Education is another important element for Dingo Team. Hovsepyan noted that they want to start educating children at an early age about animals and animal rights. One program that they have created in conjunction with the Armenian-British charity Pro Paws is now taught at Yerevan high schools and is called “Care for your dog” (Hokah Ko Shan Masin).
“We try to get it included in high school and pre school level so that we can educate the young,” Hovsepyan said.
The group also has worked with the UK-based Dogs Trust. “We got to see how they work. They really helped me,” she noted.
Dingo Team has had success with a program called “Become its Owner,” on an Armenian television channel, where celebrities encourage the adoption of Dingo Team dogs and describe the animals and play with them. “This helped change the attitude of a lot of people,” Hovsepyan said.
Similarly, they have photographed their dogs with Armenian celebrities, again making the idea of adopting a stray much more desirable. And finally, on their website, the group explains that they hold fun kid and family-friendly events where they exhibit their dogs and cats in a festive atmosphere.
Perhaps the most famous former client of Dingo Team is Spitak the dog. Spitak gained fame during the protests in July and August in downtown Yerevan. A beautiful white dog, Spitak tagged along with the protestors, always in front, smiling his doggie smile.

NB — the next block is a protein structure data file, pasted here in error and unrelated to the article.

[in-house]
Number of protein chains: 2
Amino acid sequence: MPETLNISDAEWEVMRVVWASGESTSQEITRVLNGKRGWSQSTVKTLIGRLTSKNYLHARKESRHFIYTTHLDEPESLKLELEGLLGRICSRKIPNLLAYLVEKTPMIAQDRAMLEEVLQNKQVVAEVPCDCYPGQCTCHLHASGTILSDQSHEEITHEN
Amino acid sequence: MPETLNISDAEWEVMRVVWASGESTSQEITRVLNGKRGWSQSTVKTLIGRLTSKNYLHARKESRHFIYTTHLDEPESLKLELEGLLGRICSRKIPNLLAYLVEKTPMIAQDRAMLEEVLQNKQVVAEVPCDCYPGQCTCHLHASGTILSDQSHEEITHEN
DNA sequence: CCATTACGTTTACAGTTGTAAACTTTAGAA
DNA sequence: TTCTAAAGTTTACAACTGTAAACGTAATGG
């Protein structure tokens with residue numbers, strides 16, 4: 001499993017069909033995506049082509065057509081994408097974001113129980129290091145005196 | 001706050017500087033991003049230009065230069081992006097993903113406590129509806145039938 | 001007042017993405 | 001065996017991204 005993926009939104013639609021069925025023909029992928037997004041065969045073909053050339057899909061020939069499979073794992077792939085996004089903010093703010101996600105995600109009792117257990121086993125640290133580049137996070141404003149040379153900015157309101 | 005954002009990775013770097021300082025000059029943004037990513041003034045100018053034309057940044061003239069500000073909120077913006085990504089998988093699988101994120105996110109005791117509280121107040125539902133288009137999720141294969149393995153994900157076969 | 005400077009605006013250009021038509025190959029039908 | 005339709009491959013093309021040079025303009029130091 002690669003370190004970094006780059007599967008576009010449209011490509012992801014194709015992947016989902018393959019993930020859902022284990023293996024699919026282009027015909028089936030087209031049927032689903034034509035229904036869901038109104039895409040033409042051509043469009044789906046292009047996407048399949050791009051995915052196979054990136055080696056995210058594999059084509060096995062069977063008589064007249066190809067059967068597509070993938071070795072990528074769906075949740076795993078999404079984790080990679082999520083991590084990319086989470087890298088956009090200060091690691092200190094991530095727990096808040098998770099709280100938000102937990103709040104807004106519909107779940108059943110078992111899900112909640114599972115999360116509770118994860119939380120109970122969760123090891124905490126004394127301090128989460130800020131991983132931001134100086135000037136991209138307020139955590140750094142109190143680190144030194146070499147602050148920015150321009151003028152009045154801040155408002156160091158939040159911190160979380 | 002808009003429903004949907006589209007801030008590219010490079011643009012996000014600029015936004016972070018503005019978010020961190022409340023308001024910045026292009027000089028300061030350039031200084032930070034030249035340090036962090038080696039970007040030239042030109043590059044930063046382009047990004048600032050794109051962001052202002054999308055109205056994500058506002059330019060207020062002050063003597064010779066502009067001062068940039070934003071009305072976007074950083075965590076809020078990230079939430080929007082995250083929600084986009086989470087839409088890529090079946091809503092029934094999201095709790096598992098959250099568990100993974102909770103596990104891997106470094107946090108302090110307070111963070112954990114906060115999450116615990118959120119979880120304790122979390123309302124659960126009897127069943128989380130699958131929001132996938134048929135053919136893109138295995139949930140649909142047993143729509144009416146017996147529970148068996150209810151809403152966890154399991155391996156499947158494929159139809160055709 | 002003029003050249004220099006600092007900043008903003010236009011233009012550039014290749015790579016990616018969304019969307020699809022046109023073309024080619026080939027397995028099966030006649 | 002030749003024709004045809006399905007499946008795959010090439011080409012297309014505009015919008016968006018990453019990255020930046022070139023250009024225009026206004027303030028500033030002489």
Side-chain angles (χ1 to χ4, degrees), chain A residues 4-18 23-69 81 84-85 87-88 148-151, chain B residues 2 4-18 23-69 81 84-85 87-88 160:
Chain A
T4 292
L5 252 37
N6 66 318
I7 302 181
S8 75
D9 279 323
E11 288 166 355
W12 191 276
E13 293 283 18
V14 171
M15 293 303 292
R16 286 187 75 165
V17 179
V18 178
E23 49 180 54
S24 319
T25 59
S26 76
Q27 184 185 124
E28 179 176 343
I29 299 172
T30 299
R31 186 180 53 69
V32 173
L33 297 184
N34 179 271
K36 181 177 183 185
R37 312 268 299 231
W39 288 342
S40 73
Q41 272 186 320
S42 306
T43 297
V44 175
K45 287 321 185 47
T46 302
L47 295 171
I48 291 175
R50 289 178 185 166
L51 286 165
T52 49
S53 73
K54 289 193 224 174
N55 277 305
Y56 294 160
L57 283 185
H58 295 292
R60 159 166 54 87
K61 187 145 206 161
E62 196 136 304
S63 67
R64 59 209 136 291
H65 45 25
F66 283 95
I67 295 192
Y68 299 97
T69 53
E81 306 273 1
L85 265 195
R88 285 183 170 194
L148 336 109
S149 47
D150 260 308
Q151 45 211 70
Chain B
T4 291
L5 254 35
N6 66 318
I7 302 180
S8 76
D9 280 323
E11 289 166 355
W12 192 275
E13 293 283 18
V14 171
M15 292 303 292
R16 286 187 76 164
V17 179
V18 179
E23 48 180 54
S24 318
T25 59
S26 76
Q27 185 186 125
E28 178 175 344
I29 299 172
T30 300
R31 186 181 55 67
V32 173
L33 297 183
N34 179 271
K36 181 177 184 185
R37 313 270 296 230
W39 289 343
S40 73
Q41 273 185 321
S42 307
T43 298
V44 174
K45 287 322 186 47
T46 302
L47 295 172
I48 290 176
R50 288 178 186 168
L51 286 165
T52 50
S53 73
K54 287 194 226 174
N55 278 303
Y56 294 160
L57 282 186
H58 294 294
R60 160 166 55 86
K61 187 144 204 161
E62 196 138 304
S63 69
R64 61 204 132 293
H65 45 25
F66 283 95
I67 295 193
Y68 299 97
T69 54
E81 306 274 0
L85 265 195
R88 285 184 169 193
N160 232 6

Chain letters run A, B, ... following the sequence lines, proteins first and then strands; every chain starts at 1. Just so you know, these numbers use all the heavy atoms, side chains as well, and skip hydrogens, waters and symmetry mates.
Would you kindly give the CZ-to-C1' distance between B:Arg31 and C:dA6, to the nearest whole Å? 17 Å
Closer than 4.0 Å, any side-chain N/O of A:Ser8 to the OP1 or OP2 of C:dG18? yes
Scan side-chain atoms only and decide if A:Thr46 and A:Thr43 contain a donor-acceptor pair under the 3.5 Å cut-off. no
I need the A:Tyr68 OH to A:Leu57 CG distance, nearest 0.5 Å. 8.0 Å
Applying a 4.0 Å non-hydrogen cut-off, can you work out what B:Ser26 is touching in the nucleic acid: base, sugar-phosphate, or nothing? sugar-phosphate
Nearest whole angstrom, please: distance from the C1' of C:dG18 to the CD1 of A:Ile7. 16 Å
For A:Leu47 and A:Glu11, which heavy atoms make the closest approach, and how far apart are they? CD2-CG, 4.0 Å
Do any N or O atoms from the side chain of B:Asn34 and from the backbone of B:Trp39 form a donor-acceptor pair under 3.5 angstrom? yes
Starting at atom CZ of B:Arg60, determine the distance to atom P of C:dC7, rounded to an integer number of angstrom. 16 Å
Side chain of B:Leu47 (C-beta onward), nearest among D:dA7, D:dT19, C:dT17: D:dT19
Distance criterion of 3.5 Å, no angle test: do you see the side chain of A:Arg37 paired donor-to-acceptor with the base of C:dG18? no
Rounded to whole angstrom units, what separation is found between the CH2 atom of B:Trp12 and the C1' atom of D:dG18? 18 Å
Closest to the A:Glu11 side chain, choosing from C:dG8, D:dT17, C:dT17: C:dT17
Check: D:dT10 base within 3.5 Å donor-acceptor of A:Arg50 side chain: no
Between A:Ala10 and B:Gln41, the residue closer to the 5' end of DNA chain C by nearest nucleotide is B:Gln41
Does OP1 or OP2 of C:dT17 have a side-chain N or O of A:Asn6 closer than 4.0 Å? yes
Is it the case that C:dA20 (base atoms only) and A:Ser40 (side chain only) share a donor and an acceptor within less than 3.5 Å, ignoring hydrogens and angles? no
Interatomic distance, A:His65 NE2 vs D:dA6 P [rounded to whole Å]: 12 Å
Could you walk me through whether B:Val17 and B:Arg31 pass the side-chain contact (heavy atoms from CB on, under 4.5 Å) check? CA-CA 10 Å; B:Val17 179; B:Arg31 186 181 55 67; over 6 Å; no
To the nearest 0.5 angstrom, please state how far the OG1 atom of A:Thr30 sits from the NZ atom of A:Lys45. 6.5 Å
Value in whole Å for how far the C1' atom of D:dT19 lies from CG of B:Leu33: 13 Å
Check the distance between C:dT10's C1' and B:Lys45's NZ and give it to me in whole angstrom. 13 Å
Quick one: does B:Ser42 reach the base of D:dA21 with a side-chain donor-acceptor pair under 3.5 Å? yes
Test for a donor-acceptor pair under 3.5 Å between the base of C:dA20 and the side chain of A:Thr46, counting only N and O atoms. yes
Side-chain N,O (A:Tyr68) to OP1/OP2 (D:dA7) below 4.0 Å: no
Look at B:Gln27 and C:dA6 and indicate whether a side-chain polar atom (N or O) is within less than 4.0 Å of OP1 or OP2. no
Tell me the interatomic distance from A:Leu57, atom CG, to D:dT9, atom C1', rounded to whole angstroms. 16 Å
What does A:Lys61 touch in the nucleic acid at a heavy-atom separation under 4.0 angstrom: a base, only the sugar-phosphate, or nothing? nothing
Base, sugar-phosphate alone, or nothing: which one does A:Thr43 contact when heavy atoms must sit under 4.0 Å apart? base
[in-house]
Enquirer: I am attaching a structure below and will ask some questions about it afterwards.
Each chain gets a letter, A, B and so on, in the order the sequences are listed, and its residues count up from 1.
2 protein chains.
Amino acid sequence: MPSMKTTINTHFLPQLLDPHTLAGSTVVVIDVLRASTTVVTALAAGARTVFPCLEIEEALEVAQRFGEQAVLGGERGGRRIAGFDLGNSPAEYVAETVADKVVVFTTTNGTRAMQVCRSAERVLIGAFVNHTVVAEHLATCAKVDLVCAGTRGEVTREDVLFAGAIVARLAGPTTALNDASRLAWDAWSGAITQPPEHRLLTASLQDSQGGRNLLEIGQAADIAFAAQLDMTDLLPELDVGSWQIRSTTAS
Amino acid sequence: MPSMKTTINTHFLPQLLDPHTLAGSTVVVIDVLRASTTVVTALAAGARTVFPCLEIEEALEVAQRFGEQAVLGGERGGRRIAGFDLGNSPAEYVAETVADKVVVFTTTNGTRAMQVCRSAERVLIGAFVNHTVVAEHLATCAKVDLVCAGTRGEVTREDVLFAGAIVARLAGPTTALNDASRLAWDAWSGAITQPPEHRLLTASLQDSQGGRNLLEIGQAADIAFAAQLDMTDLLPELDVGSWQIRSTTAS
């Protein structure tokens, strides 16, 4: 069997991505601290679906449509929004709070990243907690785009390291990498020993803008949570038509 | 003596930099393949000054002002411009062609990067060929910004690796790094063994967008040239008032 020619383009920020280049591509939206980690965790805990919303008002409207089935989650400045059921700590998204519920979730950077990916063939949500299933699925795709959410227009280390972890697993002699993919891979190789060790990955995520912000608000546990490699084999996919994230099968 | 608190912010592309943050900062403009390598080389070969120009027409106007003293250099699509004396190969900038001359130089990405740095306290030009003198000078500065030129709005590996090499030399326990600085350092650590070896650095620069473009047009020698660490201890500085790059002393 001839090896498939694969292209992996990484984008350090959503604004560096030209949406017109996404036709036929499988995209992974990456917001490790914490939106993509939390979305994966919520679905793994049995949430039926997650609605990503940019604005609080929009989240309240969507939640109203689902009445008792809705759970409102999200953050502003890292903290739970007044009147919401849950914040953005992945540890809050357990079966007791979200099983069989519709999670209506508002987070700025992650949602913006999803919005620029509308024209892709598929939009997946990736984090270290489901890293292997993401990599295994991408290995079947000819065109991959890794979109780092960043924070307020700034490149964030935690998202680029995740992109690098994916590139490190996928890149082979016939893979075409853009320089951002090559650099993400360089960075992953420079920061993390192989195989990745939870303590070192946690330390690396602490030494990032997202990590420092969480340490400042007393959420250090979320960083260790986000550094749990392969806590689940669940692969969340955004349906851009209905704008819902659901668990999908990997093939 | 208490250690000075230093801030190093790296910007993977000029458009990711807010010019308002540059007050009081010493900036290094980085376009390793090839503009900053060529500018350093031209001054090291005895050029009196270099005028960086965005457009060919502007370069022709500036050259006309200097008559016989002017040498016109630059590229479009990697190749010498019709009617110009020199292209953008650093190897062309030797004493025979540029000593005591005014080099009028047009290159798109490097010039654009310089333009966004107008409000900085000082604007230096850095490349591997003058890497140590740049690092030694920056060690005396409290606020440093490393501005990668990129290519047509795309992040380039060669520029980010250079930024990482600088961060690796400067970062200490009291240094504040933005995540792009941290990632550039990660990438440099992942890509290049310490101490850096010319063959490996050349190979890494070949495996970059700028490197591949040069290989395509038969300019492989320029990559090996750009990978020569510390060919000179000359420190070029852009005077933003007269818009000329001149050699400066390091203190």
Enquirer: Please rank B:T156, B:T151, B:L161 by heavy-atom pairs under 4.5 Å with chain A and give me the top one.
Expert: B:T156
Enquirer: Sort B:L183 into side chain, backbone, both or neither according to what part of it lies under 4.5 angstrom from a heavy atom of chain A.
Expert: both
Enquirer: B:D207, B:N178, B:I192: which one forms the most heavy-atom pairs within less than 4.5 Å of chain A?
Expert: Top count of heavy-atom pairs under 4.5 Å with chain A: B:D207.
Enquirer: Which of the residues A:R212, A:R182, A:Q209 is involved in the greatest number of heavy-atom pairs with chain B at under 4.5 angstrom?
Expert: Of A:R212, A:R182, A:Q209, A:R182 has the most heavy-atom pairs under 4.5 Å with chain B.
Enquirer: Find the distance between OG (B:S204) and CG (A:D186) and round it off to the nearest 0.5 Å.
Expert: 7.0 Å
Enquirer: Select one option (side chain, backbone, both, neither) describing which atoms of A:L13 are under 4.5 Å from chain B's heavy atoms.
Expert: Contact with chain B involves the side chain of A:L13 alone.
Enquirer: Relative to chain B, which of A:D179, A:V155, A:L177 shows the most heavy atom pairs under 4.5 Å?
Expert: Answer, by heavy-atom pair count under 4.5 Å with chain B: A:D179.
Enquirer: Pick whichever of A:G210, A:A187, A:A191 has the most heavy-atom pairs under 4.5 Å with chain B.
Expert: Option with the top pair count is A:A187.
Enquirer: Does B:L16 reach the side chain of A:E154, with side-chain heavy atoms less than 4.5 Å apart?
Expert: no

Explained Hovsepyan, “Our volunteers had known Spitak for a long time. He always loved to be free and on the streets. We would make sure he was fine. He was truly happy. We weren’t trying to change him. When he became famous, it was clear someone was going to take him. Therefore, by necessity we took him in to save his life. At first he was very angry with us. There were many people who wanted him. One family from the US even offered us $2,000 to get him.”
However, Hovsepyan said that she wanted the best for the dog and gave to dog to one of her best volunteers and pet owners, Hasmik, one of whose dogs had only recently died, leaving her heartbroken. “We wanted to give her the dog, since we have known her for years. She always has helped us help animals and she took amazing care of her dog until its death. But now, Spitak is thrilled to be living with her,” Hovsepyan said.
Hovsepyan is passionate about the rights of animals. “A fundamental problem in Armenia is that there are no laws to protect animals. In general, the town and the municipality award a contract every year to Unigraph X,” a company she deems incompetent. She said that according to Unigraph, there are 46,000 dogs roaming the city every year, but she said she doubted the veracity of the numbers, saying, “even in Moscow with a population of 11 million people they don’t have that many dogs.”